First paragraph of the paper titled: "Friday the 13th: The Empirics of Bad Luck":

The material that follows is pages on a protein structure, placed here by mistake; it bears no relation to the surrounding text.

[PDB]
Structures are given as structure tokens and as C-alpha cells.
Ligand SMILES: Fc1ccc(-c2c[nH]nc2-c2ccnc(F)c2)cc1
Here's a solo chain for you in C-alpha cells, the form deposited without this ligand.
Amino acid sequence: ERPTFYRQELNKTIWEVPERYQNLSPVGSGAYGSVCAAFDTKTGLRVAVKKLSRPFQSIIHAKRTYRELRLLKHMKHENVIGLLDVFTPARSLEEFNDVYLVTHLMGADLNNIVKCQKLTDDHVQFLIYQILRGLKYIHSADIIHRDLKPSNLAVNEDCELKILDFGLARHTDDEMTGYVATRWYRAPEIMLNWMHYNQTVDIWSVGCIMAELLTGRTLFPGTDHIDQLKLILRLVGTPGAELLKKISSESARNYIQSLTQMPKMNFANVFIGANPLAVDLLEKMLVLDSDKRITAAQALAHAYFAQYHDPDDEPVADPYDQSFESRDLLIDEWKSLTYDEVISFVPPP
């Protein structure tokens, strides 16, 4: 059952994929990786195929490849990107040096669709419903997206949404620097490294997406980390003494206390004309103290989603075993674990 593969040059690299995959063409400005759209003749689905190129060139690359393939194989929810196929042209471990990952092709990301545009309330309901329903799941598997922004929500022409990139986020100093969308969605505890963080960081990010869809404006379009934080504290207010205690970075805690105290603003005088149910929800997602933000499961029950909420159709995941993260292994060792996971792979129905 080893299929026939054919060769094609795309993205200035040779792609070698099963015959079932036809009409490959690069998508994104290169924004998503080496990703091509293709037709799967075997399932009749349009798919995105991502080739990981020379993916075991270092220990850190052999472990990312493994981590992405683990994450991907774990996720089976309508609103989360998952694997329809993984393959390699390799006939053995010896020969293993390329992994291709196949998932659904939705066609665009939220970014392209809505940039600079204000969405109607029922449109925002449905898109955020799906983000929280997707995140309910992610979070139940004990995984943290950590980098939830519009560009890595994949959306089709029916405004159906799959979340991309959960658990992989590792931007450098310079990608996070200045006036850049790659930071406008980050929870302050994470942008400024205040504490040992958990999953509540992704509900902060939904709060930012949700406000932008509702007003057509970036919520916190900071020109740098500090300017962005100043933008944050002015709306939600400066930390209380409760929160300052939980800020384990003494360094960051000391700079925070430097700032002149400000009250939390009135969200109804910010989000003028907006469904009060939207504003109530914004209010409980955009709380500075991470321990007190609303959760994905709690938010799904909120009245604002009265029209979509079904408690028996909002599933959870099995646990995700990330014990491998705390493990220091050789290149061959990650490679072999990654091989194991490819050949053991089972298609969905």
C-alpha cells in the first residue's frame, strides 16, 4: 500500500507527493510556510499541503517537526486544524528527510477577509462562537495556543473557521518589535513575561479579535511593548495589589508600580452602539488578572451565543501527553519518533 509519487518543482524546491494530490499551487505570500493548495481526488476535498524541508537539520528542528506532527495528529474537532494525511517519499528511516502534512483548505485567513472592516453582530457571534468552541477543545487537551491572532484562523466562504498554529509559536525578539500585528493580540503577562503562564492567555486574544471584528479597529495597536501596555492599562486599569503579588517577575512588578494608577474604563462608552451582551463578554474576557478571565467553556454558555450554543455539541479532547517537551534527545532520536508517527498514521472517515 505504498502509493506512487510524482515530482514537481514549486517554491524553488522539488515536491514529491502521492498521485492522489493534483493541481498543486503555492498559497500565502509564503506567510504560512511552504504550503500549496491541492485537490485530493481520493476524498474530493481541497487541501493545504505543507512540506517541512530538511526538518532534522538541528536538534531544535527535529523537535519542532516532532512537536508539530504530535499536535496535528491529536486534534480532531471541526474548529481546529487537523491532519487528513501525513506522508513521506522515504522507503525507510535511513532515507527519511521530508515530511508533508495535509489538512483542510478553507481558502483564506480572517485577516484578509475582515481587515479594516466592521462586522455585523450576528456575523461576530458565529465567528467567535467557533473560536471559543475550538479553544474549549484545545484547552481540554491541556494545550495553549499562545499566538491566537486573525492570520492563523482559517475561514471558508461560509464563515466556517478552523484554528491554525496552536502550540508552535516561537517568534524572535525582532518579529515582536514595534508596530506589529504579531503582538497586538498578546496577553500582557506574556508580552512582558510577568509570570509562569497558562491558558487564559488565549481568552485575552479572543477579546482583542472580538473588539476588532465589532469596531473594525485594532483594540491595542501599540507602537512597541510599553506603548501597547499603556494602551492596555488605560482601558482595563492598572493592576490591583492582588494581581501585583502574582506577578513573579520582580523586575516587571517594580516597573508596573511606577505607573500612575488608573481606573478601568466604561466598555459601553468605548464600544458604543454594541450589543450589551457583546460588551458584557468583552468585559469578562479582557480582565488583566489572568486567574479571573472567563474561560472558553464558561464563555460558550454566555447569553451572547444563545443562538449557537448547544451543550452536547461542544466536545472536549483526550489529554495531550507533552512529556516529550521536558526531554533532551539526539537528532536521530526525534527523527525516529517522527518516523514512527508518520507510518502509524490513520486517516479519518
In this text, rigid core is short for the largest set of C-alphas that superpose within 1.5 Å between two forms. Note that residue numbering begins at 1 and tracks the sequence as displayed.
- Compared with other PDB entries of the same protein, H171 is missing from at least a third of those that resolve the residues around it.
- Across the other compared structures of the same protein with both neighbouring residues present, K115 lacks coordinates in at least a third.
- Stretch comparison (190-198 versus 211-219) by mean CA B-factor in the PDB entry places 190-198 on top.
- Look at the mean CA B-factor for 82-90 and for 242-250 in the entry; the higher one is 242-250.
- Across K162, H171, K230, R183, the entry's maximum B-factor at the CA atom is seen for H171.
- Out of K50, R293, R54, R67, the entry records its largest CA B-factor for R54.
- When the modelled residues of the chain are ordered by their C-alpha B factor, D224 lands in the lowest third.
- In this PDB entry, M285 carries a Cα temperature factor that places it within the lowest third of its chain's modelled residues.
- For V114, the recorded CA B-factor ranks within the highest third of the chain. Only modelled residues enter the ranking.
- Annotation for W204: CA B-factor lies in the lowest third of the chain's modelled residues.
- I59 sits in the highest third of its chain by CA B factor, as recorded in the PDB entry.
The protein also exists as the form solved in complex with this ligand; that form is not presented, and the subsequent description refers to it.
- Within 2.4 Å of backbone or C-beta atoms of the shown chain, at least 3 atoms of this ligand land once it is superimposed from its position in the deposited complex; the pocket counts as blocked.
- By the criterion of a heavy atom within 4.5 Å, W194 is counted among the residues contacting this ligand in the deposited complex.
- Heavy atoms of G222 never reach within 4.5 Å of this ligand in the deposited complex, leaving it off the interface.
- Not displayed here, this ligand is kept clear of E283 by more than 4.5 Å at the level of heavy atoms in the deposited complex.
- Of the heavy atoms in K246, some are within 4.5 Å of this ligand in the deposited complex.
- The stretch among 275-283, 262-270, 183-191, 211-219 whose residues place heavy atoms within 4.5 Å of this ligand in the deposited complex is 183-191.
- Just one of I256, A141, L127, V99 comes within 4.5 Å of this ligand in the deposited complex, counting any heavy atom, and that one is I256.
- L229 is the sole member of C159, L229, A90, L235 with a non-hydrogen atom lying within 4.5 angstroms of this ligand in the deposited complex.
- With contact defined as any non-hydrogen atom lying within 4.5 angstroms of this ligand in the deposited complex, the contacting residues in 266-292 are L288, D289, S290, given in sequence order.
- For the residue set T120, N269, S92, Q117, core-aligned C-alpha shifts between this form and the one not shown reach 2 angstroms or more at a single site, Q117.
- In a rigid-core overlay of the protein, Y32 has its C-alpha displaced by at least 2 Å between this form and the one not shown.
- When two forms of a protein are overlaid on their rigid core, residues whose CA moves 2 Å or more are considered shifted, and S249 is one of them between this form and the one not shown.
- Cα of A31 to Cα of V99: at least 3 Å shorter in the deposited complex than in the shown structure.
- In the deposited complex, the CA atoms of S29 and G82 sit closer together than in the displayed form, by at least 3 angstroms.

"Superstitions, or beliefs that one event or occurrence can cause another without the two being linked by any observable natural process, are very common phenomena, and some have been around for hundreds if not thousands of years. Examples include believing that bad luck can be brought about by walking under a ladder, seeing a black cat crossing one’s path, opening an umbrella indoors, spilling salt or breaking a mirror. On the other hand, finding a horseshoe or a four-leaf clover or carrying a specific talisman or token in one’s wallet or purse can supposedly bring luck and ward off evil. Associating some events with luck, or the absence thereof, may have rational or practical origins. However, believing in lucky and unlucky numbers or days, despite being very wide-spread, seems devoid of any rational basis. For example, the number 13 is considered almost universally unlucky in the European culture and Friday the 13th, is seen as a particularly inauspicious day."